Presentation on theme: "Module 6: Aristotle Philosophy 240: Introductory Ethics Online CCBC Author: Daniel G. Jenkins, MA Updated May 2008."— Presentation transcript:
Module 6: Aristotle Philosophy 240: Introductory Ethics Online CCBC Author: Daniel G. Jenkins, MA Updated May 2008
This module is meant to accompany Chapter 12: The Ethics of Virtue in Rachels Elements of Moral Philosophy, 5 th edition. Module Goals: After completing readings, presentations, discussions, and coursework for this module, you will be able to: Identify and explain core aspects of Aristotelian Ethics Apply Aristotelian Ethics in moral decision-making Analyze the usefulness and critique features of Aristotelian Ethics Synthesize Aristotelian Ethics with other theories in the academic study of Ethics
Now that we have discussed Platos Ethics, we can move on to Aristotle. As mentioned previously, Aristotle was part of a highly influential philosophical lineage beginning with Socrates – Socrates taught Plato, and Plato taught Aristotle. Together, this triad of thinkers helped lay the foundations of Western culture. One of Aristotles more notable students, Alexander the Great, was one of the most successful military commanders in history, and conquered most of the world known to the ancient Greeks. Aristotles Ethics can be seen in part as an answer to the general absolutism in Platos Ethics, and in particular to Platos assertion that there is one and only one good life for everyone to lead.
Aristotle lived from about BCE, in Athens, Greece. He was the first to create a comprehensive system of philosophy, encompassing morality and aesthetics, logic and science, politics and metaphysics. Aristotle's views on the physical sciences profoundly shaped medieval scholarship. His works contain the earliest known formal study of logic. In metaphysics, Aristotelianism had a profound influence on philosophical and theological thinking in the Islamic and Jewish traditions.
Empiricism in Ethics Aristotle thought the primary route to knowledge of the world was sense experience. Instead of thinking about the nature of the good, as Plato did, Aristotle went out and asked people what kinds of lives were good lives. Take a moment and make a short list of three things you think are most important to leading a good life.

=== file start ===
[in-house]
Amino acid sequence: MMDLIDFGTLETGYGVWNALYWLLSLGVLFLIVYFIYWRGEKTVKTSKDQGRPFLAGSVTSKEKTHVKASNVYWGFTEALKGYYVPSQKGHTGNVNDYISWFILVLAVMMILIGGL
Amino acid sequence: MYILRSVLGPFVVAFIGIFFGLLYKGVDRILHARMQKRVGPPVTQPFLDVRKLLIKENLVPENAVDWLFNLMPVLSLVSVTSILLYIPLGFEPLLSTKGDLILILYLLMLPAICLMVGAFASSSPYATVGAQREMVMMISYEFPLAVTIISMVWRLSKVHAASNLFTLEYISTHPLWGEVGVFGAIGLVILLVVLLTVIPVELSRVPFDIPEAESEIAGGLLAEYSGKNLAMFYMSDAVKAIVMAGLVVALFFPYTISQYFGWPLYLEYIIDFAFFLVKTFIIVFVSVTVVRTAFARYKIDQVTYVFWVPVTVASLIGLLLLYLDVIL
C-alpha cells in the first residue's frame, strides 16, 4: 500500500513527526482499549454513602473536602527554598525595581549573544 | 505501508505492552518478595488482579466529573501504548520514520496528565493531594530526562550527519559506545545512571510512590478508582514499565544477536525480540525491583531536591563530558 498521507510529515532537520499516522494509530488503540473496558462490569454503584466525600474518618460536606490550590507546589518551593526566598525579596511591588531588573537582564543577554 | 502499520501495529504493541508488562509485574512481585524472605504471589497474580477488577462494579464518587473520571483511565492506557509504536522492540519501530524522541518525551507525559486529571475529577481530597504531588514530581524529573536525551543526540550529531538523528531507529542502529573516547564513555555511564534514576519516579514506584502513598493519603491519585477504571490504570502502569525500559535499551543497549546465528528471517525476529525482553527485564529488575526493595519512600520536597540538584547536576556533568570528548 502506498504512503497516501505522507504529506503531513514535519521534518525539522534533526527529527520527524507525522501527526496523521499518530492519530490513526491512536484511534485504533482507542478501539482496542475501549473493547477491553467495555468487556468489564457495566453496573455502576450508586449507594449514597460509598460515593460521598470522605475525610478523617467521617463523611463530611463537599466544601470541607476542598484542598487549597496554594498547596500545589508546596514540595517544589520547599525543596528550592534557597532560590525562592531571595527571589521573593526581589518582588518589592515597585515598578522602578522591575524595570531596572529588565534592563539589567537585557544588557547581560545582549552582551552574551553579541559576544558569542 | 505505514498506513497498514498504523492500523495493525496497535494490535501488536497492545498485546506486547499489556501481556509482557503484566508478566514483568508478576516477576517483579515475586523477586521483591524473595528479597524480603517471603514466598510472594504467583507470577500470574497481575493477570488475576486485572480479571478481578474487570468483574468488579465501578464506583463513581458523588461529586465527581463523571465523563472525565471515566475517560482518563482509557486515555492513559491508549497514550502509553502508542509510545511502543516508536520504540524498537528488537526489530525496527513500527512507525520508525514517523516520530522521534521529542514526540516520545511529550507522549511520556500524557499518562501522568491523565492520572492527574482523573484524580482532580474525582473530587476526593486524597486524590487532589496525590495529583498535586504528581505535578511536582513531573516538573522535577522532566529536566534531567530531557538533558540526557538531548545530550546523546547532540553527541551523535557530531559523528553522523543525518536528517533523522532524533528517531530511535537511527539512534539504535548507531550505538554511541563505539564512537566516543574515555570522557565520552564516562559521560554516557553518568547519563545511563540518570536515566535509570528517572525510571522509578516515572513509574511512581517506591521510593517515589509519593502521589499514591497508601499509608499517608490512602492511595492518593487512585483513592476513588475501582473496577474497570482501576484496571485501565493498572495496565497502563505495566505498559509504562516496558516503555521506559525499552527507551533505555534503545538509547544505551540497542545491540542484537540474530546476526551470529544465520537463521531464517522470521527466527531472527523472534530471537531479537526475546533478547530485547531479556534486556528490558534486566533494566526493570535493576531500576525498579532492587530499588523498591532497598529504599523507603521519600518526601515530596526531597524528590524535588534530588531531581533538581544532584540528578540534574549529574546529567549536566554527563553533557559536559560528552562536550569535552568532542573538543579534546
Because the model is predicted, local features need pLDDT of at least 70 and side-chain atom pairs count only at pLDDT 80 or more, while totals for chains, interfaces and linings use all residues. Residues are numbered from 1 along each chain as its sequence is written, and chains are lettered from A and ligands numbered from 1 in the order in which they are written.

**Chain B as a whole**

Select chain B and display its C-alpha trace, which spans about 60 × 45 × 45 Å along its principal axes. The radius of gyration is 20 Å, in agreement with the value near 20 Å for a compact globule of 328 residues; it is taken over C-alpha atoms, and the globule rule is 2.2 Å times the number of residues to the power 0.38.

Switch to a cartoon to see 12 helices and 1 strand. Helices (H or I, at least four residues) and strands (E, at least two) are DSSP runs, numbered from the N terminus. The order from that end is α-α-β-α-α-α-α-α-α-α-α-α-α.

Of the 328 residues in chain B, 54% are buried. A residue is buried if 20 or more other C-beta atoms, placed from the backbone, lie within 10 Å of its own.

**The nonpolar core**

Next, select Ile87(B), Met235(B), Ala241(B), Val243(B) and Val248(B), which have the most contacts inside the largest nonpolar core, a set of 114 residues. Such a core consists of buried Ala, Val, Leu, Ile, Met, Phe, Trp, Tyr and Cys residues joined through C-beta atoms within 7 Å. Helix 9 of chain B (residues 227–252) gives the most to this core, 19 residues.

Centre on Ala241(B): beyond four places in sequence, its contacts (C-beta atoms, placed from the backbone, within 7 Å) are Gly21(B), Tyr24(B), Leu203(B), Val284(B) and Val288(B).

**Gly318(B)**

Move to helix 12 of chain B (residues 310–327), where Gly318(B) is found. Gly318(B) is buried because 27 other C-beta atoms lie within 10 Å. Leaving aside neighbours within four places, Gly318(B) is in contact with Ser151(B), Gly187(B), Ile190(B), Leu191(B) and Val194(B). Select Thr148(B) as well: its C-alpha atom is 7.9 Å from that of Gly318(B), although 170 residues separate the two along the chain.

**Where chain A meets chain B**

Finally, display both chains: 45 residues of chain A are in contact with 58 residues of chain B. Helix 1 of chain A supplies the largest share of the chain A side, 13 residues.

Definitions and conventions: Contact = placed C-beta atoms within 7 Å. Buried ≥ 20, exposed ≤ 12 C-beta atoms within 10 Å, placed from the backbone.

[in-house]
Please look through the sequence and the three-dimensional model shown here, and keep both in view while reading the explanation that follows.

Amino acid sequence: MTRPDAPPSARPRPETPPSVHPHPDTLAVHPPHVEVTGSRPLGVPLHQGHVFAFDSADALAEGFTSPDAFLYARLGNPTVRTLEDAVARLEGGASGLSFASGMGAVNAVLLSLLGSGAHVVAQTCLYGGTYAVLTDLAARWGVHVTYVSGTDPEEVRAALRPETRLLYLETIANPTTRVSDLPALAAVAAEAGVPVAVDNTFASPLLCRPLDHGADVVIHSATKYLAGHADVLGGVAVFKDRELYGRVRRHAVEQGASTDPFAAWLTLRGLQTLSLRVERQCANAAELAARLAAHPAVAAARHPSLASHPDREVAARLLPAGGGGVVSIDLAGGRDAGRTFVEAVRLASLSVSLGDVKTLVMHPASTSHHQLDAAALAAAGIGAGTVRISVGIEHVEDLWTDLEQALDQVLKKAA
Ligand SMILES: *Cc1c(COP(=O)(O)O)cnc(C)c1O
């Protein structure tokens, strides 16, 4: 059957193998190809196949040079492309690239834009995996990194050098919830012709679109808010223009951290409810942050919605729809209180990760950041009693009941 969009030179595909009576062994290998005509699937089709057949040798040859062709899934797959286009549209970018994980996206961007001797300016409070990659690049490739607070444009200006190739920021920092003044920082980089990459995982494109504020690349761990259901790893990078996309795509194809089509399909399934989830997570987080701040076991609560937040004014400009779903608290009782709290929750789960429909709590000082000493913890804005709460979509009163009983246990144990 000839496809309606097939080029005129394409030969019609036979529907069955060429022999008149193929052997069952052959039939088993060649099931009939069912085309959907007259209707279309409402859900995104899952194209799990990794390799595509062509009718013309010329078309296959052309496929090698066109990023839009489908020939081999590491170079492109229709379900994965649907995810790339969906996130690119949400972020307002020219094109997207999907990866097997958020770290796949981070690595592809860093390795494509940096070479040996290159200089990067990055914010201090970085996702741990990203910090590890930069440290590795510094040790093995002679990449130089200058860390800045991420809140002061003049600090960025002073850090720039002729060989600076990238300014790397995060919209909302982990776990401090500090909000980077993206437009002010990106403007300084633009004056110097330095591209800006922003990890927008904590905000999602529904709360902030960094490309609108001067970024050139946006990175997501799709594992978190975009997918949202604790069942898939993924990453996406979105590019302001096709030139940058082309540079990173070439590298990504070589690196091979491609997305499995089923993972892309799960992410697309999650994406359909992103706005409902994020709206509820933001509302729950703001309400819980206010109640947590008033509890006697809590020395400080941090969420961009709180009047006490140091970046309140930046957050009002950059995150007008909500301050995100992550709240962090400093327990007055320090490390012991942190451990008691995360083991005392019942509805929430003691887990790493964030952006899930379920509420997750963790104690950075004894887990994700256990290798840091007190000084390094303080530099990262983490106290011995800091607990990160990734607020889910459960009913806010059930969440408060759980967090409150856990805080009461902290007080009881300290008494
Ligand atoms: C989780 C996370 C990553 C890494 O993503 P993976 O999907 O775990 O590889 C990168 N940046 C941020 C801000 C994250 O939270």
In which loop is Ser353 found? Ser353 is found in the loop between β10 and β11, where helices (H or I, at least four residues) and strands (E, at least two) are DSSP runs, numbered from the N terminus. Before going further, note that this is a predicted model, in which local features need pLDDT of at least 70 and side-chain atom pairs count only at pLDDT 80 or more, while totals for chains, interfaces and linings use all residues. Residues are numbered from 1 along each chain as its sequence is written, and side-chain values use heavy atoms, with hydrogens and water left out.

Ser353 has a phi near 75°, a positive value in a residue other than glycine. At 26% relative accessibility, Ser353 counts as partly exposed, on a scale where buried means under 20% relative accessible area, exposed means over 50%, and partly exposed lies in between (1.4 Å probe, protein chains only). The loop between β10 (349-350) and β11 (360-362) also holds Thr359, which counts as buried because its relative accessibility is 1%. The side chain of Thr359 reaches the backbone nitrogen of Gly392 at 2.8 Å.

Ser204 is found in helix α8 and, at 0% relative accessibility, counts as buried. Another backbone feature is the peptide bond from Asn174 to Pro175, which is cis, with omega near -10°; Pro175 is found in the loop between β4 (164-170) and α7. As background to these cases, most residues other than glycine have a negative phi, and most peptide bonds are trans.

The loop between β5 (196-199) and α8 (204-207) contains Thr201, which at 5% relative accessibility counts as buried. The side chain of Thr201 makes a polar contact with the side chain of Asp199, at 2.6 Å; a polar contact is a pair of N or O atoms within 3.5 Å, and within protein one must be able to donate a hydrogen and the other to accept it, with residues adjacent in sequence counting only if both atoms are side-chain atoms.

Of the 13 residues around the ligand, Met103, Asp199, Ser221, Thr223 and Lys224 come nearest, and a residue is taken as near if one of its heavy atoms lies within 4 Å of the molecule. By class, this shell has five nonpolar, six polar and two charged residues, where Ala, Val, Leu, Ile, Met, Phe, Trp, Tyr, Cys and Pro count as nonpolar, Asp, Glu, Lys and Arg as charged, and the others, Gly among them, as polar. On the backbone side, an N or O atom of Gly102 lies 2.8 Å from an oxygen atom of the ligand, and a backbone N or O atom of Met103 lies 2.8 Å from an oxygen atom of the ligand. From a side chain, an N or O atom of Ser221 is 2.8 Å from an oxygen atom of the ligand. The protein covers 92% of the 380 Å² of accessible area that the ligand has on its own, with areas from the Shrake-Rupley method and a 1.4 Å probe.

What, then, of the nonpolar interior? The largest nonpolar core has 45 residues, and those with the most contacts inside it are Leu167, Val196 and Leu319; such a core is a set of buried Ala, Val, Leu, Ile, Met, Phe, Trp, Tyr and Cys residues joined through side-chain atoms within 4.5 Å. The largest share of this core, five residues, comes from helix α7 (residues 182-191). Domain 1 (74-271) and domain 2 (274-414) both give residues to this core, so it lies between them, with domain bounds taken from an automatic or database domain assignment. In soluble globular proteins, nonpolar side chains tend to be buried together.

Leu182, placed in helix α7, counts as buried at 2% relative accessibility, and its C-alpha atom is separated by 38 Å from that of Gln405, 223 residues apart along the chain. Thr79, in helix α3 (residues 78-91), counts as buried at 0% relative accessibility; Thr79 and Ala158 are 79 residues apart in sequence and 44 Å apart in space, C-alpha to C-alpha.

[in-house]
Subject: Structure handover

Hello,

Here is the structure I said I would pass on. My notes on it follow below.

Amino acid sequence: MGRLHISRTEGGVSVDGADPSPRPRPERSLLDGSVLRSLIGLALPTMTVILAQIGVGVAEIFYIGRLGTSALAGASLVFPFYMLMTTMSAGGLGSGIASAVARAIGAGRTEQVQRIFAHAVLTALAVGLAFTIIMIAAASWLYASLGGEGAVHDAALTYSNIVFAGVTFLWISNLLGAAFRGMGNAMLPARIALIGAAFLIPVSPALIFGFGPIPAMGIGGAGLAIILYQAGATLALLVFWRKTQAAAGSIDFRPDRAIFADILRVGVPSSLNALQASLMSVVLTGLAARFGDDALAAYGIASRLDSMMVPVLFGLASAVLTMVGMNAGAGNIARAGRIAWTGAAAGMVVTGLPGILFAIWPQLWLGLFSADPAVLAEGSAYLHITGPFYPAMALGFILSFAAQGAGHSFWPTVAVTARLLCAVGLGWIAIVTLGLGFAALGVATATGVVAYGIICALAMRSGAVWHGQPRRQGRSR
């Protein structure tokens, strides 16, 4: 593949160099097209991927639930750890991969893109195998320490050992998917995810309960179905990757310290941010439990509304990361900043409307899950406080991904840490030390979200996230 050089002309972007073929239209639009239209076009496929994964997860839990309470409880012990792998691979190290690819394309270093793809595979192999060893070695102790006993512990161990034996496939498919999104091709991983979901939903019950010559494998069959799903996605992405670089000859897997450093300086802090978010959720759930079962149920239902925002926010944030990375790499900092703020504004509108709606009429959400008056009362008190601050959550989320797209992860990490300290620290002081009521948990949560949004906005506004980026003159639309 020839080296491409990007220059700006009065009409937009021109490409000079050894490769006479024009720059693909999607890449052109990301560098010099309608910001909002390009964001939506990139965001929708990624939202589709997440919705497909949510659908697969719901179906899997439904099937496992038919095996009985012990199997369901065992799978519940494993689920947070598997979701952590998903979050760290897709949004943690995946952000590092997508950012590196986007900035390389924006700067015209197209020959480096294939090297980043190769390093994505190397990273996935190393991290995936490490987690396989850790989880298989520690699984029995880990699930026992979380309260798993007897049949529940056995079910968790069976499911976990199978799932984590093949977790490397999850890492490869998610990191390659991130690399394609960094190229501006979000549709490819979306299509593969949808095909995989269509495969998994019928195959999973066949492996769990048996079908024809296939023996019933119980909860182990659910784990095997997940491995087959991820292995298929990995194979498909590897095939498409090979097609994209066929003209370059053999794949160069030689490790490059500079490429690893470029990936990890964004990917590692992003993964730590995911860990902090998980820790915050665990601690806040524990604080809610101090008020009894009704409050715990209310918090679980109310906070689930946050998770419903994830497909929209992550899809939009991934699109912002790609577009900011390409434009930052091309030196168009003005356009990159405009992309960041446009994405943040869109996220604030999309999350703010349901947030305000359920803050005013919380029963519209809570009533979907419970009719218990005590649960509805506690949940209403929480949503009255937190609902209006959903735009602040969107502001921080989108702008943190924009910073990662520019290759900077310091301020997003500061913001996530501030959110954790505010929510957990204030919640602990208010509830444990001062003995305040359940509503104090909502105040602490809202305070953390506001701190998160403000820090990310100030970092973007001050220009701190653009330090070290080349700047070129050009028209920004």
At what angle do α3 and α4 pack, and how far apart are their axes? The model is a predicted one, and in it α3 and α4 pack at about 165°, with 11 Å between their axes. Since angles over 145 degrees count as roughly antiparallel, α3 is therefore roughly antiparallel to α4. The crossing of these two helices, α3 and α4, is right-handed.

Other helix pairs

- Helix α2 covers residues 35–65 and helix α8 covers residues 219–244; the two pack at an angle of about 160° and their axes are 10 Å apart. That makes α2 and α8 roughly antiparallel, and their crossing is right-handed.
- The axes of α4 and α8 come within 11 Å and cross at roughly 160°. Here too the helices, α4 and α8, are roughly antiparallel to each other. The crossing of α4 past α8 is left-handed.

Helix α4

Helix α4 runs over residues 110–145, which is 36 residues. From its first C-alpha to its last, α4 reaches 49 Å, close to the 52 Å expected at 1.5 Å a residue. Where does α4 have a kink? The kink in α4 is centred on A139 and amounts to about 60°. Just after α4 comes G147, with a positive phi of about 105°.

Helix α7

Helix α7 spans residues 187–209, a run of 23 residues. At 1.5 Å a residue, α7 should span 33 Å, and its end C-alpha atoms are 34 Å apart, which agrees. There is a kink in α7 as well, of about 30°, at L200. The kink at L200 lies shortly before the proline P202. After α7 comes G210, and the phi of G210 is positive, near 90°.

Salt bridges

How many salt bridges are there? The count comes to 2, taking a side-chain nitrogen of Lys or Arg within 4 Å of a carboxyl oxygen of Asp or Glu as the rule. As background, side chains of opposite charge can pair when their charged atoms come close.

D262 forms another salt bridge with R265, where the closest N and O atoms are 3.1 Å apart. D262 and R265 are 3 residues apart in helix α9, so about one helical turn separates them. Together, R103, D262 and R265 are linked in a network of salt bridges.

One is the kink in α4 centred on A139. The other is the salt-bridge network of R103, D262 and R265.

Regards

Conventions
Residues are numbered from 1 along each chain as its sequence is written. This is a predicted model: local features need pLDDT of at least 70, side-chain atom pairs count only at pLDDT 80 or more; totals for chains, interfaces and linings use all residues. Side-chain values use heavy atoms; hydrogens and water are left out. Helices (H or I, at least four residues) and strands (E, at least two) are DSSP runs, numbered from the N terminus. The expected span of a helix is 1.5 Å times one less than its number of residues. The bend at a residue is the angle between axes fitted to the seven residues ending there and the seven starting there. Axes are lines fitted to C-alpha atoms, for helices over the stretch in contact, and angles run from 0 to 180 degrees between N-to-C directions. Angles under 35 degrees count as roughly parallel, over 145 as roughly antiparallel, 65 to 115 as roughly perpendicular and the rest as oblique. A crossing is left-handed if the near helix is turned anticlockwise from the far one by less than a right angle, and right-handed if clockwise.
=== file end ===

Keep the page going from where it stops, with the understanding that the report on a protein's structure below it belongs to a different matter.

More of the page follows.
Happiness Aristotle noted that the characteristic all good lives have in common is happiness. But different things might make us happy. Can we say seemingly disparate goals point towards a similar kind of good life?
Intrinsic and Instrumental Aristotle draws a distinction between instrumental goods and intrinsic goods. An intrinsic good is something that is good in its own right. An instrumental good, on the other hand, is good only insofar as it leads to some other good. Happiness, Aristotle thought, was the only ultimate intrinsic good.
What is happiness? According to Aristotle, the word for happiness was eudaimonia, translated from the Greek as meaning, literally, good spirit. Aristotle defines happiness thusly: happiness is an activity of the soul in accordance with perfect virtue.
Happiness as an activity People tend to think of happiness as something we arrive at – a certain fixed goal that awaits us if we behave in certain ways. When we think this way we tend to think that happiness is an object we can arrive at or possess, and our advertising-laden culture encourages just this sort of mentality. Think about your own life. Was there something you wanted very badly when you were a child? Something for a birthday or holiday, and you got it? How long were you happy as a consequence of this gift?
Happiness is not a goal or an object for Aristotle. It is instead something that accompanies certain activities, instead of being the goal of activities. A person who persists in doing something, like going to the gym, does not arrive at a goal or possess an object called persistence. Instead, persistence is a way of doing things, like refusing to be defeated by circumstances. Happiness, like persistence, is a way of engaging in the various activities of life, such as eating, making love, working and so on. If a person does these things in a certain way then we declare that person to be happy.